• Nutritional quality of browse after brush management on cross timbers rangeland

      Soper, R. B.; Lochmiller, R. L.; Leslie, D. M.; Engle, D. M. (Society for Range Management, 1993-09-01)
      We evaluated seasonal changes in browse quality 5-6 years after experimental manipulations to control unwanted woody vegetation using combinations of herbicide and fire on cross timbers rangeland in central Oklahoma. The study area consisted of two 32-ha replications of untreated controls and 4 brush treatments (tebuthiuron and triclopyr used singly or in combination with periodic prescribed burning); herbicides were applied in 1983 and fires initiated in 1985. Nutritional quality of blackberry (Rubus spp.), coralberry, (Symphoricarpos orbiculatus Moench), rough-leaf dogwood (Cornus drummondii Meyer), elm (Ulmus spp.), greenbrier (Smilax spp.), hackberry (Celtis spp.), and smooth sumac (Rhus glabra L.) were assessed by measuring crude protein, in vitro dry matter digestibility, neutral detergent fiber, acid detergent fiber, and moisture content. Crude protein concentrations of browse were 14% higher on herbicide-treated areas compared to untreated controls and 11% higher on triclopyr treatments compared to tebuthiuron treatments. In vitro dry matter digestibility was 9% higher on herbicide-treated areas compared to untreated controls. Fiber constituents and moisture content were not influenced by brush treatments. Prescribed burning combined with herbicide applications did not improve the quality of browse. Our results indicate that browse quality can be improved for white-tailed deer by applications of tebuthiuron or triclopyr and improvements persist for up to 6 years post treatment.
    • Old World bluestem response to fire and nitrogen fertilizers

      Berg, W. A. (Society for Range Management, 1993-09-01)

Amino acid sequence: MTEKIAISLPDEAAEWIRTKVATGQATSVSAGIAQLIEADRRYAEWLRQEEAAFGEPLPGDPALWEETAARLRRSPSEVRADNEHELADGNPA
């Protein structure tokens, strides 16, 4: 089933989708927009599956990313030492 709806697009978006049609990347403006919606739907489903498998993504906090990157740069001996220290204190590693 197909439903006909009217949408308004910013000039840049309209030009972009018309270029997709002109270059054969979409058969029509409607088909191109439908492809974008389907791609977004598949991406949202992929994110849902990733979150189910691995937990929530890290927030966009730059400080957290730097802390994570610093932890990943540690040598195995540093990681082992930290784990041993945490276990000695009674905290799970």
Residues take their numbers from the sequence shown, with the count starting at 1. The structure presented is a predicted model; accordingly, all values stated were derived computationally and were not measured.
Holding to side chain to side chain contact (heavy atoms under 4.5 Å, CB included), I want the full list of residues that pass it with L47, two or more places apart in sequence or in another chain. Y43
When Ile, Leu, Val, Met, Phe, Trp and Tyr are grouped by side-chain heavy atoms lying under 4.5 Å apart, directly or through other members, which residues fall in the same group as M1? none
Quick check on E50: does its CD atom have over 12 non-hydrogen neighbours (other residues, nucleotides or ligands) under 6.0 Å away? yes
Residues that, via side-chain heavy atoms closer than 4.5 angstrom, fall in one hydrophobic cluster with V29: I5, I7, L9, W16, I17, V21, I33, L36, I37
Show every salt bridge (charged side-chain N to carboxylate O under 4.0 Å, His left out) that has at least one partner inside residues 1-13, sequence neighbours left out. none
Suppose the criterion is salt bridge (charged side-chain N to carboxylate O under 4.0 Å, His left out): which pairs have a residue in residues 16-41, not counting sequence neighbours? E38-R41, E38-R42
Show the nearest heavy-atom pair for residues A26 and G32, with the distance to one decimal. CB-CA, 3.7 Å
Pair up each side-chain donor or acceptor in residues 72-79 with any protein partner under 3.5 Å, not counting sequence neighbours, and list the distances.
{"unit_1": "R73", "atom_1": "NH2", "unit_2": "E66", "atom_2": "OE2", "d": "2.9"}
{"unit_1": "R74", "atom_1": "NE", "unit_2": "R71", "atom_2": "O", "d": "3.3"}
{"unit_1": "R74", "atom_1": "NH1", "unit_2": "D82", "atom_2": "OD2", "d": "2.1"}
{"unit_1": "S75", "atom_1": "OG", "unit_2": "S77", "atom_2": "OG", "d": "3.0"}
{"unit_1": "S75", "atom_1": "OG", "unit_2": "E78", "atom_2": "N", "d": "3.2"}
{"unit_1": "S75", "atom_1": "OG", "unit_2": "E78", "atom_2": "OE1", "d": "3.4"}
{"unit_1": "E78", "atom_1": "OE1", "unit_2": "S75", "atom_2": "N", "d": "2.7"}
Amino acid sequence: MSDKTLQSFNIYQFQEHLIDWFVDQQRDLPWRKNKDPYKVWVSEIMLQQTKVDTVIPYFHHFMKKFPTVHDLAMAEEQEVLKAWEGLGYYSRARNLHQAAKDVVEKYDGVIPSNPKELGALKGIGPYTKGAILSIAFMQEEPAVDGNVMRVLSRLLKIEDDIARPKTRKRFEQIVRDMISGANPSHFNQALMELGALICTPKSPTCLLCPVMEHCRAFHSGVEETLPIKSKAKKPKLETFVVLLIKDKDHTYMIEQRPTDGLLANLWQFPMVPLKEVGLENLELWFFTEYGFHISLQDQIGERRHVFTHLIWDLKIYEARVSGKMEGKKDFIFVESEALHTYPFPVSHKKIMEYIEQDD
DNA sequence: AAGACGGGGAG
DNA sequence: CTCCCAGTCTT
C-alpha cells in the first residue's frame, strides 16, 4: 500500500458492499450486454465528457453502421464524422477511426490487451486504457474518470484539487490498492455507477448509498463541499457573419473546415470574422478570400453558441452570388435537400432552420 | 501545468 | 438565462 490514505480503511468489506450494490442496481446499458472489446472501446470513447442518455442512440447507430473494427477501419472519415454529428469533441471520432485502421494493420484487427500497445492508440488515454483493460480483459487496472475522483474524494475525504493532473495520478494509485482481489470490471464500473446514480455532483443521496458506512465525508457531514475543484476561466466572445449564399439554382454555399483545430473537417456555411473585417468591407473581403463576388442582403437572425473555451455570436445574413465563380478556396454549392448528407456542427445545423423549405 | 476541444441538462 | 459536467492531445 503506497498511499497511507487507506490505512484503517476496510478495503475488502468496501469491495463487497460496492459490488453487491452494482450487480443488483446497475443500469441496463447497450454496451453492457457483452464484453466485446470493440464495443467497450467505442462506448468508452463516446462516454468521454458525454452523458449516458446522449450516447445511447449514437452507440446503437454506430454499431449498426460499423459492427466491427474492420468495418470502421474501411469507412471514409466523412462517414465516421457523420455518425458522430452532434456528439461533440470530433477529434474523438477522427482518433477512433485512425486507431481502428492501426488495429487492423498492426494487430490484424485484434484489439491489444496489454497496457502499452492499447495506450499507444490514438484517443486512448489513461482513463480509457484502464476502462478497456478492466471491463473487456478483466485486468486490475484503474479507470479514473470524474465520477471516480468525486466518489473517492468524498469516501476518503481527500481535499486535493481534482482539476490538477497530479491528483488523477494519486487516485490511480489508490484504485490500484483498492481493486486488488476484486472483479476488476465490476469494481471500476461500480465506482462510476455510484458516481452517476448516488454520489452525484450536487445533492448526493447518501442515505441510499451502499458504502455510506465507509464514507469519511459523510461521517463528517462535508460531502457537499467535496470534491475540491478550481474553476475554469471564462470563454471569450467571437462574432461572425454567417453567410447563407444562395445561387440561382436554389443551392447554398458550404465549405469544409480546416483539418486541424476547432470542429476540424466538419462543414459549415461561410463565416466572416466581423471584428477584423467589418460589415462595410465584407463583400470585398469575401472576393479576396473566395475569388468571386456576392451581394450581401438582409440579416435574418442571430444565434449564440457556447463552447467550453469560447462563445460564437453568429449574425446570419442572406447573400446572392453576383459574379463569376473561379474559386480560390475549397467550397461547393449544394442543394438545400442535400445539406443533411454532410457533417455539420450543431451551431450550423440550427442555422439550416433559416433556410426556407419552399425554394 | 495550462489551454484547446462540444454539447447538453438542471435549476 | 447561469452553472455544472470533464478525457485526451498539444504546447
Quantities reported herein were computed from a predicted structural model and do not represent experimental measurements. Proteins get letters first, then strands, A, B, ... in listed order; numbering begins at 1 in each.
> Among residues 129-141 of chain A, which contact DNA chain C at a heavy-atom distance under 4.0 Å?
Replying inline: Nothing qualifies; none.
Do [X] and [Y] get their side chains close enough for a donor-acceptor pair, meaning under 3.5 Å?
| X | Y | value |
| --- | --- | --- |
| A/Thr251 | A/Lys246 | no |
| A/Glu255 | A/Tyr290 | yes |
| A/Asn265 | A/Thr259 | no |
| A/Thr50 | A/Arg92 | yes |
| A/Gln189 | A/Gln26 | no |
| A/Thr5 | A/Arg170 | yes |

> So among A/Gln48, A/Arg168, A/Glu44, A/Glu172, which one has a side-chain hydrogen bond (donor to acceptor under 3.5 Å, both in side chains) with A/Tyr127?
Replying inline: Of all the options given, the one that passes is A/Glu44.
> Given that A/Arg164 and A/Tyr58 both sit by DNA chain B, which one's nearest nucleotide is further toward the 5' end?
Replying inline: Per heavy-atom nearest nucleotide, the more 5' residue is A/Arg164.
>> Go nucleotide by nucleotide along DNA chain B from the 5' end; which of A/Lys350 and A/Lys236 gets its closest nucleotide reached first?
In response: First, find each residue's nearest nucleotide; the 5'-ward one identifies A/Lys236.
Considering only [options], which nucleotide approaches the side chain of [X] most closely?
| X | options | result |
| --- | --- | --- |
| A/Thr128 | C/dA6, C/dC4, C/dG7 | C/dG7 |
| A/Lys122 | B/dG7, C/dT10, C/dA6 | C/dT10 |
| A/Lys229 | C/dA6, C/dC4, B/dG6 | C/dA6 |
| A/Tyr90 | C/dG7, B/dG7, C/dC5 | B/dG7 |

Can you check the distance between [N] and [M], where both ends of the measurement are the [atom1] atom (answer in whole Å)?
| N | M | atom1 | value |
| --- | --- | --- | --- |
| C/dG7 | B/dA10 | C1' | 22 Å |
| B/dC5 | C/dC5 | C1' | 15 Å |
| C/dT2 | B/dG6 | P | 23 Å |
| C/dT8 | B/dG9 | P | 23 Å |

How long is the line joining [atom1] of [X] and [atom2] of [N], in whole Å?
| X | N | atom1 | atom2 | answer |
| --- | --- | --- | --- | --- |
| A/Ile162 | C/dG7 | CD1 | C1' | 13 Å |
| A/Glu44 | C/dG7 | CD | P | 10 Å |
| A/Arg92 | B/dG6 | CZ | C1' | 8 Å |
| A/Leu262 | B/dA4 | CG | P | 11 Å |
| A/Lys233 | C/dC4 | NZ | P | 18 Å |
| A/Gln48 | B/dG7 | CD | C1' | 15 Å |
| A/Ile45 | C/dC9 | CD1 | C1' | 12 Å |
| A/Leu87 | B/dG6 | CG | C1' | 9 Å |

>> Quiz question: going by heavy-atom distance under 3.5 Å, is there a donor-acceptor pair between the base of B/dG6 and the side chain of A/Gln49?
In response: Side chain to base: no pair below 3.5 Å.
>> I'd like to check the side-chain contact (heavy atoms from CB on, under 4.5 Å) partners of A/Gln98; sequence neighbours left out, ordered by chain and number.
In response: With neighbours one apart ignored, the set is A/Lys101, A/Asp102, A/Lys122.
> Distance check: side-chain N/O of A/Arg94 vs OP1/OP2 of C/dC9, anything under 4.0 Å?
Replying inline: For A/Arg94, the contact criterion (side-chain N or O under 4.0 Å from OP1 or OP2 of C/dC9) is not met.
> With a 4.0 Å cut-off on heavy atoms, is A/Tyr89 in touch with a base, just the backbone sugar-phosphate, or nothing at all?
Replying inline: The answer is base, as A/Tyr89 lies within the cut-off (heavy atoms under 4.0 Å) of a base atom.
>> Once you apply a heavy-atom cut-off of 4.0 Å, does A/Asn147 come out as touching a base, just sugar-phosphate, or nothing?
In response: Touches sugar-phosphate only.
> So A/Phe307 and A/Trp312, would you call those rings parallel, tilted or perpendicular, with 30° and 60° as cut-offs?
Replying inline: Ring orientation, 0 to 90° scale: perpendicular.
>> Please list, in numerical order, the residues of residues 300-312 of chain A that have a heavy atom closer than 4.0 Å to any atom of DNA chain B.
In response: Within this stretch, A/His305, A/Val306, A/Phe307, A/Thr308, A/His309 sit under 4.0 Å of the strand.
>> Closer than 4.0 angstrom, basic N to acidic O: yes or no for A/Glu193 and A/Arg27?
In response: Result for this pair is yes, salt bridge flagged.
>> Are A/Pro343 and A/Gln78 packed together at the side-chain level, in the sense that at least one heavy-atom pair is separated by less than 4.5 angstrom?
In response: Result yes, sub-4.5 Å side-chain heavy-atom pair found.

Old World bluestem (Bothriochloa ischaemum L.) is being extensively established on marginal farmland in the Southern Plains. This 4-year field study in western Oklahoma developed guidelines for burning and N fertilization of Old World bluestem on calcareous and noncalcareous soils. Plots were on 'lron Master' Old World bluestem on a calcareous soil (Quinlan loam, shallow Typic Ustochrepts) and a noncalcareous soil (Carey loam, Typic Argiustolls). On each soil 4 blocks were split (spring burned, unburned) and N treatments (none, urea, ammonium nitrate) and time of N application (early, late) were randomly assigned within each burn treatment. Burning decreased (P<0.01) herbage yields by 6 to 30% per year. Nitrogen fertilizer broadcast at the rate of 50 kg N ha-1 increased herbage production about threefold. Ammonium nitrate fertilization resulted in 20% more herbage production than urea fertilization 1 year, and in equal production 2 years. The 4th year, application of ammonium nitrate in early April increased production by 20% compared to early April application of urea, urea was as effective as ammonium nitrate when either was applied in late April. Burning or calcareous soil had no adverse influence on the effectiveness of urea as compared to ammonium nitrate. Management implications for western Oklahoma and adjacent areas include: burn Old World bluestem only when necessary to remove substantial amounts of standing dead herbage, and broadcast urea 3 to 4 weeks after grass initiates growth when seasonal rains are more likely to move the urea into the soil, thereby decreasing potential for N loss by volatilization.